Sony’s first entry into the VR world matches the Oculus Rift on many fronts: Project Morpheus also has a 1080p display, although itâ€™s LCD and not OLED, and has a slightly smaller field of view of 90 degrees. Verge reporter Adi Robertson noted that Morpheusâ€™ screen is slightly blurrier than the Rift’s, and itâ€™s unclear whether Sony could achieve the same low persistence technique Oculus can using its current LCD screen.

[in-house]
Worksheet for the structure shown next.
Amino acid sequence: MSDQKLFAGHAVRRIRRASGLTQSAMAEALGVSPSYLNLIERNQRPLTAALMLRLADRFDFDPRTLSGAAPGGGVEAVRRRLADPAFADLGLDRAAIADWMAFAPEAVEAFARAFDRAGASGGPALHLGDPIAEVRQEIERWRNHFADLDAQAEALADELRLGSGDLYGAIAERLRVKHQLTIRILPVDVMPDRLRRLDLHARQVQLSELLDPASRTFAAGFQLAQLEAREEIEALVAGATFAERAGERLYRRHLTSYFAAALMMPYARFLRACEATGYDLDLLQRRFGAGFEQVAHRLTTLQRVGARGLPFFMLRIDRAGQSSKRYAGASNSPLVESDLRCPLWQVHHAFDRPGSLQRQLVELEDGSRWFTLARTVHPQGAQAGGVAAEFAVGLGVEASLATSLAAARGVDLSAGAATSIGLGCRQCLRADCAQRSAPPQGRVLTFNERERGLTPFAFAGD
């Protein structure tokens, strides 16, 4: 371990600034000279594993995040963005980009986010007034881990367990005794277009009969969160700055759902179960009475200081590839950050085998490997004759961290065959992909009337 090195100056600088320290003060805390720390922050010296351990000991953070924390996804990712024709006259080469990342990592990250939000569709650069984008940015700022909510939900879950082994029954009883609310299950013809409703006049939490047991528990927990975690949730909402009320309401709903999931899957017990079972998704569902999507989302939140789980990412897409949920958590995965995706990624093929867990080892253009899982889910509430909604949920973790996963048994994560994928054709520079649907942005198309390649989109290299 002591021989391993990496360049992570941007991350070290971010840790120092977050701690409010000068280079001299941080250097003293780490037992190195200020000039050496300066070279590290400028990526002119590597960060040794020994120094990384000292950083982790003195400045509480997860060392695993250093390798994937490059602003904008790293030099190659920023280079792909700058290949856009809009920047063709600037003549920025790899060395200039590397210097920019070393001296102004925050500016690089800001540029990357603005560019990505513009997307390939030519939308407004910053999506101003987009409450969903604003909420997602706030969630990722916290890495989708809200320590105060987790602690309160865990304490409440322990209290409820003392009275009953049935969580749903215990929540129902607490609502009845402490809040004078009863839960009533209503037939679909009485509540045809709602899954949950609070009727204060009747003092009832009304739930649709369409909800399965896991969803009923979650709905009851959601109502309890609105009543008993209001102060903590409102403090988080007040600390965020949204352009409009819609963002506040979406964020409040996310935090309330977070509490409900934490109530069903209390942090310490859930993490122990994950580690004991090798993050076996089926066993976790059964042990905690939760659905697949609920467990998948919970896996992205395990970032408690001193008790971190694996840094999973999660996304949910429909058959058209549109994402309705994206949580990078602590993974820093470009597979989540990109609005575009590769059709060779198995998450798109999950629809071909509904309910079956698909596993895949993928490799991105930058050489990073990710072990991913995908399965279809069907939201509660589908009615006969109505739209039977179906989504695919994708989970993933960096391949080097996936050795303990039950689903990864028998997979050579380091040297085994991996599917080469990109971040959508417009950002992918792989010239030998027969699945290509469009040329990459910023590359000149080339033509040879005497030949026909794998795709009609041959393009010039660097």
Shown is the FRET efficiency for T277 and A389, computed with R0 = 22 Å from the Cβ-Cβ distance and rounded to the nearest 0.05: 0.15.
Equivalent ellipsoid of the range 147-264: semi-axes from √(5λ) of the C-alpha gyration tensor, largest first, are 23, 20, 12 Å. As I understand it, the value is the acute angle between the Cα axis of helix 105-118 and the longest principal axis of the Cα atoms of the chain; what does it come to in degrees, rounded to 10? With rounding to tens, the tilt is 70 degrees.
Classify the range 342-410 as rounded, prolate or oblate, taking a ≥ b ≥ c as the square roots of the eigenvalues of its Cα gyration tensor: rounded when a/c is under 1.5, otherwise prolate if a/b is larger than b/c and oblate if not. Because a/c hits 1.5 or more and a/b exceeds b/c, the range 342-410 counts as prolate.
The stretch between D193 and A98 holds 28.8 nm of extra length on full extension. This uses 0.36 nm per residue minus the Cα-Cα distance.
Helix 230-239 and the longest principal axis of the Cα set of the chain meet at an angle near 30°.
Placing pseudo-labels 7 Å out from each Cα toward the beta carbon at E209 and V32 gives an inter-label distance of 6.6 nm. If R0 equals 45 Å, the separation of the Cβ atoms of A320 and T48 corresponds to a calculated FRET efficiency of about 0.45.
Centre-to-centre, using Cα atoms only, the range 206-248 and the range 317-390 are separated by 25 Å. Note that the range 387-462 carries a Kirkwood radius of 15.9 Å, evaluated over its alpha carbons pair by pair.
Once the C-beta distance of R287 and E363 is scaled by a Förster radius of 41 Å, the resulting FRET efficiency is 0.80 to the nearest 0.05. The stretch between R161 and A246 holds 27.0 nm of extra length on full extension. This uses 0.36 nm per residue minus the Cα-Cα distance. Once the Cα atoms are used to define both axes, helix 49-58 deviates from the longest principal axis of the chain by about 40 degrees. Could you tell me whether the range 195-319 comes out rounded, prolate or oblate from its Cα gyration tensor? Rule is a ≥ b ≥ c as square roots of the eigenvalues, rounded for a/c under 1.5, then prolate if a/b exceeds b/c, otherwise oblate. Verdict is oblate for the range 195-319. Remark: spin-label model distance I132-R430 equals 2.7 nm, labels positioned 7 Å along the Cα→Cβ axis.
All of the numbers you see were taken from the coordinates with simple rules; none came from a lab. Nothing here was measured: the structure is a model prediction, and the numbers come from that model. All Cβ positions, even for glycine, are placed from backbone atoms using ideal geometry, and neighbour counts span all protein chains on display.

One of the advantages OLED has over LCD is response time: OLED is much faster. I haven’t had the pleasure, or displeasure, of wearing one of these VR headsets, but I would think one of the most important technical requirements for a pleasant, immersive experience is for information on the displays to update as fast as possible. So if you want to make a VR headset that people will actually want to use there is only one possible choice for the display, and it is OLED. There are, of course, some disadvantages to using OLED displays, but those disadvantages are not deal-breakers; a slightly slower display that results in blurry updates might very well be a deal breaker, especially if the additional milliseconds or microseconds lead to less than full immersion. But maybe the response times of the LCDs used in Sony’s Project Morpheus is good enough.